I'm torn whether to jump on one of these, or just hold out for wireless. It will probably depend on whether I have any non-gaming uses for them, in the meantime. Decent Linux support might help with that, although getting inside-out tracking to work well would require some serious investment by someone.

BTW, I'm a bit surprised at the CPU requirements of these. How is it that they can use a lowly laptop CPU for the basic level, but require a i5-4690 for the ultra level?
 

scolaner

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I imagine we're going to learn more about wireless HMDs at Oculus Connect 4 this week...honestly, if they don't have something along those lines to show off, it will be a big whiff.

People will be able to write books about VR and marketing and the challenges therein. It's *so tough* to market what is essentially a black box. You make a commercial or whatever, and it's just people with literal black boxes on their faces, and they're going, "WHOA!" (This problem also makes it really tough to write about VR, too. As I've said before, it's like trying to describe a sunset to someone who's never seen one.)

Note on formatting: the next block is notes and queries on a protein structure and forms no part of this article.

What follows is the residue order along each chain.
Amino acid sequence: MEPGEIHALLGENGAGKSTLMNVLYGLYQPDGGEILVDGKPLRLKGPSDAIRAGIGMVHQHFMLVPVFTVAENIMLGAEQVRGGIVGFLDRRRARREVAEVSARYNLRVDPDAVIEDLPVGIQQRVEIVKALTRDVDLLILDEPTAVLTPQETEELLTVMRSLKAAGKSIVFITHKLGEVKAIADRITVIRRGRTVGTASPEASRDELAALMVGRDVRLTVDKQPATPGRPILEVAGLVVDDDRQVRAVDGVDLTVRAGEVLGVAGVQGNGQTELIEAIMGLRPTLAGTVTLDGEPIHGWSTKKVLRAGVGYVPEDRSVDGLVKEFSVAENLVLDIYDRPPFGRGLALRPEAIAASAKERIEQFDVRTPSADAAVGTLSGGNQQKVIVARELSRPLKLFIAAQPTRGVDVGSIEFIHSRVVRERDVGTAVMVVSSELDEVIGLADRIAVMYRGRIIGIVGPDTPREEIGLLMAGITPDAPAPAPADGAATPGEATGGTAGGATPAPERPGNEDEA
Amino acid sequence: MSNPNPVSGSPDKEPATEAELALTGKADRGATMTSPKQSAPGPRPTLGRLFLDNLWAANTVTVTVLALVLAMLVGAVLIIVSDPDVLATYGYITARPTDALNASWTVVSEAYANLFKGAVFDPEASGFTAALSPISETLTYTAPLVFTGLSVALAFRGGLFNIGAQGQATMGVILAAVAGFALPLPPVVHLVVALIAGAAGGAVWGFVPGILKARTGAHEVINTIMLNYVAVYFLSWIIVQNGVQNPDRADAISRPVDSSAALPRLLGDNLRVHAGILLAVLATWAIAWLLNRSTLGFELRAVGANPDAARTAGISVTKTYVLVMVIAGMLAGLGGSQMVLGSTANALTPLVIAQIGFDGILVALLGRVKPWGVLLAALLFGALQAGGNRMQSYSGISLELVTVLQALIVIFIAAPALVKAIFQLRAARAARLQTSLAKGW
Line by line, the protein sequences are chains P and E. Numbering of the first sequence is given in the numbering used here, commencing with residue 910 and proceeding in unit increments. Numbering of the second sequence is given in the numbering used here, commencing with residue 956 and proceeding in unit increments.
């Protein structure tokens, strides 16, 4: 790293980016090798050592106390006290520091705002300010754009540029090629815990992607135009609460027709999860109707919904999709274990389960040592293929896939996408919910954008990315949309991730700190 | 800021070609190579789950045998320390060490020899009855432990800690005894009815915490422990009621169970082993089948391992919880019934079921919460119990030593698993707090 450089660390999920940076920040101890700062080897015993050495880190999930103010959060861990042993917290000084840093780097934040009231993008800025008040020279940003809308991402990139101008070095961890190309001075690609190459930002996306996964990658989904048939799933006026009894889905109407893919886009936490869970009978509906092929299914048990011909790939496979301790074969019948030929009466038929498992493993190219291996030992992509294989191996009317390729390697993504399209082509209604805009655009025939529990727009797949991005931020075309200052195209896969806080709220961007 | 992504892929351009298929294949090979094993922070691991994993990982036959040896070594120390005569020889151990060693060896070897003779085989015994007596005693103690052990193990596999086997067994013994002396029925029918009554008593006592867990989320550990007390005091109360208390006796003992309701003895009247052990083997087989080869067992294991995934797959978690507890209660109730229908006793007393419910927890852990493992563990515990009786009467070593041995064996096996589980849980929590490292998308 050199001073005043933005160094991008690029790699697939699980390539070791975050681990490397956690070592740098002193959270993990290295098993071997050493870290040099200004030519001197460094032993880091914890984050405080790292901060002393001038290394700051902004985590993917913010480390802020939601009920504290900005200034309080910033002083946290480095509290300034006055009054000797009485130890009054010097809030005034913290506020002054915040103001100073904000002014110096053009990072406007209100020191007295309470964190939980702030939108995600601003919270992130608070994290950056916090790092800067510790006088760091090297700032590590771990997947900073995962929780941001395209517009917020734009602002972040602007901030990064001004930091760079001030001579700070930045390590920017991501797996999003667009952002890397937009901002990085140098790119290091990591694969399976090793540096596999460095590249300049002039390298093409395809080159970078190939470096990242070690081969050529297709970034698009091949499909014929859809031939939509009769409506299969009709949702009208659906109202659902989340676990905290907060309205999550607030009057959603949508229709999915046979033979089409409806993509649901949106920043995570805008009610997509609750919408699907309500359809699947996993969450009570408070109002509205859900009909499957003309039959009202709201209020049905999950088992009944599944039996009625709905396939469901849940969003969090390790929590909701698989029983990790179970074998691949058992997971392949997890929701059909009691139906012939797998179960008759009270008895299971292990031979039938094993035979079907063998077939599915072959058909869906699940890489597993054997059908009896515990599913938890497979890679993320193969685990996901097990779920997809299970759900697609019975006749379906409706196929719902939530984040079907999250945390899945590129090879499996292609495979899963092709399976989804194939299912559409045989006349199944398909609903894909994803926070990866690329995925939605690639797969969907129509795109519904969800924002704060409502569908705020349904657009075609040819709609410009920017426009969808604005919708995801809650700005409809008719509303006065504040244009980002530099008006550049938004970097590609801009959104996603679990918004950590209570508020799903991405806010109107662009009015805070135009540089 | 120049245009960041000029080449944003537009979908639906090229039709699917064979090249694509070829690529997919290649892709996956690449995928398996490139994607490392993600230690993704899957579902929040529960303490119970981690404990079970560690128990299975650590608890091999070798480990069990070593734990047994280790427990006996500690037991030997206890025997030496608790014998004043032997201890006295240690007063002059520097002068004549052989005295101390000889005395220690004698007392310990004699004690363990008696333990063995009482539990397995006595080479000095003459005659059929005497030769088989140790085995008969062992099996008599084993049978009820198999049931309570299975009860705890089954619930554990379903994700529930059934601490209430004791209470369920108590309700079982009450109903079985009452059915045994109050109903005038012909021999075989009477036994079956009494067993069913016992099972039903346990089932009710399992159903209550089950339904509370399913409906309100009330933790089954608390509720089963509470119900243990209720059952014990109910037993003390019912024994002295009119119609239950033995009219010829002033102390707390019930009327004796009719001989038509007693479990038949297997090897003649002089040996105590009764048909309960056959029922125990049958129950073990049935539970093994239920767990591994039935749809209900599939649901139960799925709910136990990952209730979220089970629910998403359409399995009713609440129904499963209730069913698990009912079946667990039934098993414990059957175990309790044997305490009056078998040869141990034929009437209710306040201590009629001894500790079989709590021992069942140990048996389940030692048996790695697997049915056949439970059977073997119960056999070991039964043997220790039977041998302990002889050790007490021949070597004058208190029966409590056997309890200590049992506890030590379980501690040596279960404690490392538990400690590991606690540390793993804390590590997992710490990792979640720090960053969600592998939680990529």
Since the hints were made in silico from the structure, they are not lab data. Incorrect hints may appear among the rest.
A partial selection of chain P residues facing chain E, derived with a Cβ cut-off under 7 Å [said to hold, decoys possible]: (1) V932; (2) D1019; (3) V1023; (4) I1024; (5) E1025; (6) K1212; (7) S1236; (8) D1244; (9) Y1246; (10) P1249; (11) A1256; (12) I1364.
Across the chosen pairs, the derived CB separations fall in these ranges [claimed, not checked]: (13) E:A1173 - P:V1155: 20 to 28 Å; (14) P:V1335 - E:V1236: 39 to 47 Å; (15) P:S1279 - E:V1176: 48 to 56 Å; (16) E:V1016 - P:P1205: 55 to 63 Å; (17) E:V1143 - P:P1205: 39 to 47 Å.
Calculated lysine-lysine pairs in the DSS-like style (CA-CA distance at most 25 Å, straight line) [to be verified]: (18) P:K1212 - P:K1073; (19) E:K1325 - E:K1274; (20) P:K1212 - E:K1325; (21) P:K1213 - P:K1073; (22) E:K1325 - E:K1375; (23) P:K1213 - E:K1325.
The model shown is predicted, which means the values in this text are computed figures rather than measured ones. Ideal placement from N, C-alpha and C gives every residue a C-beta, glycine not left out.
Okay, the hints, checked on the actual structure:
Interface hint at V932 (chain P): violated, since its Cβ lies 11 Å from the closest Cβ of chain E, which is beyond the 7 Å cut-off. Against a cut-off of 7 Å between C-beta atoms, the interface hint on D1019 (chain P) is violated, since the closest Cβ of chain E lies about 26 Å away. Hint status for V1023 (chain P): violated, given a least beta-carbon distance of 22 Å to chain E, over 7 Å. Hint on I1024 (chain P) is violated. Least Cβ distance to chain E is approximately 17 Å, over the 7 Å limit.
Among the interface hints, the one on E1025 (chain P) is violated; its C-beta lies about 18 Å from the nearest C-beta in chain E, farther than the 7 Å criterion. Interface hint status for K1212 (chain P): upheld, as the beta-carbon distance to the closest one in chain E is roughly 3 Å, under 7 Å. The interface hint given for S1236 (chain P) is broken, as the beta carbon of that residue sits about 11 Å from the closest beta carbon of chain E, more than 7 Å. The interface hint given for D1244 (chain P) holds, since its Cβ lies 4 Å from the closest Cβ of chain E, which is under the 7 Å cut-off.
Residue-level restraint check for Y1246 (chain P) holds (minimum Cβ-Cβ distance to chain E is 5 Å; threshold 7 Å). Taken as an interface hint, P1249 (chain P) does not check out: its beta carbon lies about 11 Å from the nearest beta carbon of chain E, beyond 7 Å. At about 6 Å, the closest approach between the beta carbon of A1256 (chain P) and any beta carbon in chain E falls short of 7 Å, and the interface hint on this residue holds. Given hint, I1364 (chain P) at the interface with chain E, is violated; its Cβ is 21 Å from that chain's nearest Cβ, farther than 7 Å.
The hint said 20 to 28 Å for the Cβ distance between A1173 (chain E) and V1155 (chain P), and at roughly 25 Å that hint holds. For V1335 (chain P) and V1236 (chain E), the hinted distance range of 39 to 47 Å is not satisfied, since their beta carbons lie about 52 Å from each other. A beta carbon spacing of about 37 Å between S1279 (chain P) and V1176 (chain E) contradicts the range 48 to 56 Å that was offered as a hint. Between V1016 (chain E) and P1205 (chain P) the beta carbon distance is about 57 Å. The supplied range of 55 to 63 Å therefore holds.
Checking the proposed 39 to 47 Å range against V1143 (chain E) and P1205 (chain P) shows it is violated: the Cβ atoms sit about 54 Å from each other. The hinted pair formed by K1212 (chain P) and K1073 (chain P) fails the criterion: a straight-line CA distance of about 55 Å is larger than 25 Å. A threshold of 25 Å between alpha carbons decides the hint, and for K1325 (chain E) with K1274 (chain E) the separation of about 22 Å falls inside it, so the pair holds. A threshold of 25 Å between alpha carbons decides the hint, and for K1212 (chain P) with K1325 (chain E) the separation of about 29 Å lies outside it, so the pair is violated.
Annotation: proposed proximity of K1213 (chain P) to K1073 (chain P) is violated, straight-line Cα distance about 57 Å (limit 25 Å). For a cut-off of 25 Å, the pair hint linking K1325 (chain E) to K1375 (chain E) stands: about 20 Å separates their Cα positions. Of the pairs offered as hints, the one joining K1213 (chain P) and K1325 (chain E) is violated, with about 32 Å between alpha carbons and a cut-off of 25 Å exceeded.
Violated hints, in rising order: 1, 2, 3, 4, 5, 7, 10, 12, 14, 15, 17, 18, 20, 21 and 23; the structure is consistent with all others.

That is to say, I think it's extremely likely that your prediction will be accurate. Which is really too bad, because I think MSFT has done a good job with XR. The devices are relatively inexpensive. They're easy to set up. Experiences look nice on them. The PC requirements are relatively low.

At this time, there just isn't a super compelling reason to get one unless you're really into 1) VR itself or 2) gaming. And if the latter, then MSFT needs the SteamVR thing to work really well and really soon. The company has a terrible history getting devs to port their stuff. (See: Windows Mobile.)

MSFT's ace in the hole, I believe, will be that subset of buyers who really want in on the VR fun, and have fairly well-spec'd PCs, but can't or don't want to upgrade. It's actually the same advantage Sony had with PSVR: If you ALREADY have the machine to run VR (be it a PC or on Sony's case a PSVR), then all you need to get going in VR is a $350-$450 headset.

I suppose that's all the more reason to get Xbox plugged in here as soon as possible...

Also: If there is a fire sale after the holidays, although the hardware makers may lose money on each sale, they may find that there's a magic price point that suddenly lets them move a ton of units. I'm not sure where that point is, but it's probably under $300.
 

waynes

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I knew a company with 16k resolution prototype chips years ago. Back then (in the previous 8k prototype area) I was sprooking an AR system that oddly sounds like the dien the track subsequent hololens.

His resolution is too low, it should be 4k-8k an eye.